Joe Coca – Keynote Speaker

Spinning Yarns, Weaving Tales

Wednesday evening

Photographing cloth started out as an opportunistic fluke. As a young struggling photographer just out of school, hunting for work, I was directed to visit a woman who was just in the planning stages of producing a weaving magazine, and 38 years later I am still photographing cloth. It has been an exciting adventure from those early days of plying my trade with Interweave Press and Linda Ligon, to today shooting books for Thrums and the same Linda Ligon.

Almost every photographer’s dream is to work for National Geographic and I was no exception, but just out of school, young, naive, and inexperienced, it would have been like me taking over for Tom Brady and leading the New England Patriots to an undefeated season plus winning the Super Bowl. It wasn’t going to happen and I thought photographing cloth was far from working for National Geo.

I started out not knowing the front end of a loom from the back, much less the difference between a weft and a warp. Never in my imagination did I ever think that weaving would allow me to see the world and experience some incredible cultures first hand, as well as meet a host of talented individuals and get to see and photograph them as well as some amazing textiles. So come, spend a bit of time listening to some tales from the past, when we had to use real film, heaven forbid, when we had to make unfinished pieces look like they were totally finished, pre-Photoshop, and many other such deeds. It was all fun.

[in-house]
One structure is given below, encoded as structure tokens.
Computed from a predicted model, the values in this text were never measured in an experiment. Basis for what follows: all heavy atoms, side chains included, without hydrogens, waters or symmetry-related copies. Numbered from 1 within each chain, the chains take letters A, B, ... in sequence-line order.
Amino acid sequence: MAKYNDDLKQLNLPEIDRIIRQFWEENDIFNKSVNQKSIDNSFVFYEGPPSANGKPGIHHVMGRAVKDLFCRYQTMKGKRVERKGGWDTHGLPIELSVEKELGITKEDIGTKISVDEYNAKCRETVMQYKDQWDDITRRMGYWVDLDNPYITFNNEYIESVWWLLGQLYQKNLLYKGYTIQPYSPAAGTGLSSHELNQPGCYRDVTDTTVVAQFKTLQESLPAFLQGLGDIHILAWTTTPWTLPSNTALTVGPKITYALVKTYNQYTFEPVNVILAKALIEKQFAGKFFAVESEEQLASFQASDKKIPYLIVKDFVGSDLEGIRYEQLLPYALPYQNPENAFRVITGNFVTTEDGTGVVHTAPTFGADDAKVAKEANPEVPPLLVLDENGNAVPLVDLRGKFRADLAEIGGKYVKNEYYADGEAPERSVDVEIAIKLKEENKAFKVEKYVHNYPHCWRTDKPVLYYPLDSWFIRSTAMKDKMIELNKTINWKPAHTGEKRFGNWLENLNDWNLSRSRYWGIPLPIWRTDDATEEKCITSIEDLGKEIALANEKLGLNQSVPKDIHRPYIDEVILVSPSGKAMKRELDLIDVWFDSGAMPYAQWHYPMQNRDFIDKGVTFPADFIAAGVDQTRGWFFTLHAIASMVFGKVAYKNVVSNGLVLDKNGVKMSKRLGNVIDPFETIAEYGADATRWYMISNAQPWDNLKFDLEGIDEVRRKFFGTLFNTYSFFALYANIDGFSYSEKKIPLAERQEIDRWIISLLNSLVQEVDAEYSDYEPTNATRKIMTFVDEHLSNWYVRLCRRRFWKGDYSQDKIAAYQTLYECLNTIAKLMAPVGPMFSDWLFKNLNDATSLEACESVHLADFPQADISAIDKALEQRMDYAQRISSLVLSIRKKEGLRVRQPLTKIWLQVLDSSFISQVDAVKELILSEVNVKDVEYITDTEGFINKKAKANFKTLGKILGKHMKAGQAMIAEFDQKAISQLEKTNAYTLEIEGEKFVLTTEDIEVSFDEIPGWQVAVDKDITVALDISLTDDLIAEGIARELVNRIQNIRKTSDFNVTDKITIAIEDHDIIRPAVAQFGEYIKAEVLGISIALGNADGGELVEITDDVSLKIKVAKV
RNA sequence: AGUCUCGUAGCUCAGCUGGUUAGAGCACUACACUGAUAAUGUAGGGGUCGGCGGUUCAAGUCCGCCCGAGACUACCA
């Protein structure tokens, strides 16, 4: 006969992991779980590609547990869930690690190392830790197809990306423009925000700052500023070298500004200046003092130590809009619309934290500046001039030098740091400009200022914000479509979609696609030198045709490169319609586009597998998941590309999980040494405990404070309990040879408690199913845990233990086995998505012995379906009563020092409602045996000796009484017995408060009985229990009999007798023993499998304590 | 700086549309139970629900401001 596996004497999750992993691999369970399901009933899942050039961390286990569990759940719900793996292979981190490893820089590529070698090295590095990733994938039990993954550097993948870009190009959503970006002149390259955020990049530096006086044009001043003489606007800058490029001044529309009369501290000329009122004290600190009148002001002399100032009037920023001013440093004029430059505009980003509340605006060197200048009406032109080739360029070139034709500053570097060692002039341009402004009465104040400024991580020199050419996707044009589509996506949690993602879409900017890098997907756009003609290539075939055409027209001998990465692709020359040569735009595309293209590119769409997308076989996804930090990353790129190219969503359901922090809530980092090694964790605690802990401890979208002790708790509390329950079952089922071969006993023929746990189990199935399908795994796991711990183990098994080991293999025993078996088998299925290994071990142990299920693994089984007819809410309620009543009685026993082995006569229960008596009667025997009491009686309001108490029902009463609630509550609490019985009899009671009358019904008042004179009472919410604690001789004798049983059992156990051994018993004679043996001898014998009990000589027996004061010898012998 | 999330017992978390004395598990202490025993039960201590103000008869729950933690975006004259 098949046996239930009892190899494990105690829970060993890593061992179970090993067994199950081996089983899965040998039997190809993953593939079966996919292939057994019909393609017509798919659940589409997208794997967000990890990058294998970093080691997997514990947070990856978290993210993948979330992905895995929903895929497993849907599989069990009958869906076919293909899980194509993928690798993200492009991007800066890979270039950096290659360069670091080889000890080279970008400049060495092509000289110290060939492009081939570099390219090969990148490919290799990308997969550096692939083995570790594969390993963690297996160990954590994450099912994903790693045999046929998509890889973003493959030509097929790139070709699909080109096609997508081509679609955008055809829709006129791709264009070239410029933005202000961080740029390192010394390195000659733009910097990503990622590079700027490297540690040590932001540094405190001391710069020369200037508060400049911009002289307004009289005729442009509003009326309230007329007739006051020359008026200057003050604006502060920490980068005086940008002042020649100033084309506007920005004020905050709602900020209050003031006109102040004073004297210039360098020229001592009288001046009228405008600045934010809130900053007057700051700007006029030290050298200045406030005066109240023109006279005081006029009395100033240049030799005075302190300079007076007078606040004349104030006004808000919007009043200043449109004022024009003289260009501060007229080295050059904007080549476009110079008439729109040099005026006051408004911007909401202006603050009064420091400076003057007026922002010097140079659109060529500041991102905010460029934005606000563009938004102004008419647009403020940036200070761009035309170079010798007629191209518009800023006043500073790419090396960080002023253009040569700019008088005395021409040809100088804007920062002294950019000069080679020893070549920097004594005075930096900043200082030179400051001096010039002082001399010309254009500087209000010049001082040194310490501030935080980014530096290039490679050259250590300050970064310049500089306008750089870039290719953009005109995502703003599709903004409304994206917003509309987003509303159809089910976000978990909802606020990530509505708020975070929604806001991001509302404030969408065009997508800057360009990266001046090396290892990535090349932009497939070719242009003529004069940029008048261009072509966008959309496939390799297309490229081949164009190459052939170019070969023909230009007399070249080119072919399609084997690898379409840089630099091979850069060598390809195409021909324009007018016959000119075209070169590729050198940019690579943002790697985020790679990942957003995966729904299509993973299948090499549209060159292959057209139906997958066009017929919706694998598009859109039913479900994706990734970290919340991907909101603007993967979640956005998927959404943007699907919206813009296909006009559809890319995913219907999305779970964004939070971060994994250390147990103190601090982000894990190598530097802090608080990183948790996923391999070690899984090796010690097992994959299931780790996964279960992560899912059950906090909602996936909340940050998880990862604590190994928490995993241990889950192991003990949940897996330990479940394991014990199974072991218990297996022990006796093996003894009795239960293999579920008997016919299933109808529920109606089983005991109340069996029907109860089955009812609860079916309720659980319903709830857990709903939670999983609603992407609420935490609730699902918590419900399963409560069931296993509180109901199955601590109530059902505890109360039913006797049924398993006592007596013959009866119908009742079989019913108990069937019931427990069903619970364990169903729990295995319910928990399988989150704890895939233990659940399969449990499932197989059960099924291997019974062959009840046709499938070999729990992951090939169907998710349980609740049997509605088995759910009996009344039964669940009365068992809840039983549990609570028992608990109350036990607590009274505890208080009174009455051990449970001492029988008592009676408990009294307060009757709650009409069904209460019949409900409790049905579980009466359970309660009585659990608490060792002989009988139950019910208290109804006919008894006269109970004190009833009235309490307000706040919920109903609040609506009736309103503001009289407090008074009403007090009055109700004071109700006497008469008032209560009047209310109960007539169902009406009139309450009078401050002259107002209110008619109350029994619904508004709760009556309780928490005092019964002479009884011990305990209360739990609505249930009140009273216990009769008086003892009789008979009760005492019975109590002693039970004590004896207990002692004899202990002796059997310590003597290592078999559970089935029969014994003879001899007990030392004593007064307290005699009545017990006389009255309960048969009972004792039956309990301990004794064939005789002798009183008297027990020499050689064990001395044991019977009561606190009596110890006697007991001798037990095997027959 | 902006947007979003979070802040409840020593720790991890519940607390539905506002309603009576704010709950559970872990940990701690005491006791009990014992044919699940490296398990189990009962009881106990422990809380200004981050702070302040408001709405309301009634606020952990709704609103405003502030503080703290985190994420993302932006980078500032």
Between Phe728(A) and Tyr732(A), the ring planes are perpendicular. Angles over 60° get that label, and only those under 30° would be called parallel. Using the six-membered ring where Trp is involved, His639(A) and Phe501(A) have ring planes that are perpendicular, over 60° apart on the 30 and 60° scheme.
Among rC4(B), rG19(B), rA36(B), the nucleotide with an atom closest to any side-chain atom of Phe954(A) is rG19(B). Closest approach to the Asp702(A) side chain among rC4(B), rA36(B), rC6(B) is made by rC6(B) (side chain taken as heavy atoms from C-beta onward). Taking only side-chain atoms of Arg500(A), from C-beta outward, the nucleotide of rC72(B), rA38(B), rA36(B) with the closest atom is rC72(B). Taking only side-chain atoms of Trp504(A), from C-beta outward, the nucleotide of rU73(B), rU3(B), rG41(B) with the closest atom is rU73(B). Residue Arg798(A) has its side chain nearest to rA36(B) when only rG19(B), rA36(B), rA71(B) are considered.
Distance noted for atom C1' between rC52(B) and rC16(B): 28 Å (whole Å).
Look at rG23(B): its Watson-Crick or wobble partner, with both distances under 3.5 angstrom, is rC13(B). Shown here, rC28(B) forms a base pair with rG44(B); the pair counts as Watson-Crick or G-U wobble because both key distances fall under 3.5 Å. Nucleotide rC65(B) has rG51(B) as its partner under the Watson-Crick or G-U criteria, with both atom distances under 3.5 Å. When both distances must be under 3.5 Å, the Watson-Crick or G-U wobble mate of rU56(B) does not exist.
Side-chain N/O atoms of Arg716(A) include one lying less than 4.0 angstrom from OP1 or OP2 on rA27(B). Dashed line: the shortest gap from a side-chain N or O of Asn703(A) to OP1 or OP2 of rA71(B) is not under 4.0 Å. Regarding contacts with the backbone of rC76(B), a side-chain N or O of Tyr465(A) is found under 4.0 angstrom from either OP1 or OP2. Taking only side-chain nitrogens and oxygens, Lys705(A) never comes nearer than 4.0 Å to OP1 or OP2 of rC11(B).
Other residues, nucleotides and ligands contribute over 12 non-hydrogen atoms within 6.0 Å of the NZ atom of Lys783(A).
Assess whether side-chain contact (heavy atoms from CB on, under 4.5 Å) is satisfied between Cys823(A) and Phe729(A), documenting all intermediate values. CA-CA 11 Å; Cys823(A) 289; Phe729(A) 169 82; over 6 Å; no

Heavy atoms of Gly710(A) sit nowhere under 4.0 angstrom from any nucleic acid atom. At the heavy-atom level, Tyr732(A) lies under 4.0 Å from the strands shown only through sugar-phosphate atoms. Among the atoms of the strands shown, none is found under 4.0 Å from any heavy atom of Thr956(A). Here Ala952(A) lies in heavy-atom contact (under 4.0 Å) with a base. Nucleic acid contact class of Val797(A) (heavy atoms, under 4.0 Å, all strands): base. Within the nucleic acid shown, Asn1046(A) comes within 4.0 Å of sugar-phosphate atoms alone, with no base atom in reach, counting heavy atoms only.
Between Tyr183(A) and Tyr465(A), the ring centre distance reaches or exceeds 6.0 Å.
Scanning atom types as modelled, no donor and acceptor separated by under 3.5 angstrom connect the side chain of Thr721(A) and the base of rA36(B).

. . .

Robyn Spady

Say, What?

Anatomy and Physiology of the “Complex Weave” (and why communicating can be so dang challenging)

Friday afternoon – Special Seminar for All

In 1966, Irene Emery authored The Primary Structures of Fabric.  For many weavers this became a fundamental resource on how weave structures could be organized and classified.  It often helps us understand the fundamentals of many weaves, but it doesn’t hold up when put it to the test on other weaves.  Since then there have been other publications to help people interested in textiles to help better understand weaves and fabric. Yet we remain challenged in effectively communicating within and outside of the weaving community.  This seminar promises to end Complex Weavers Seminars 2018 with a rousing presentation and discussion on the language of weaving, why it challenges us, and what we, as complex weavers, can do to move forward with reconciling terms, clarifying how we communicate, and improving our documentation. The emphasis will be on the “complex weave”.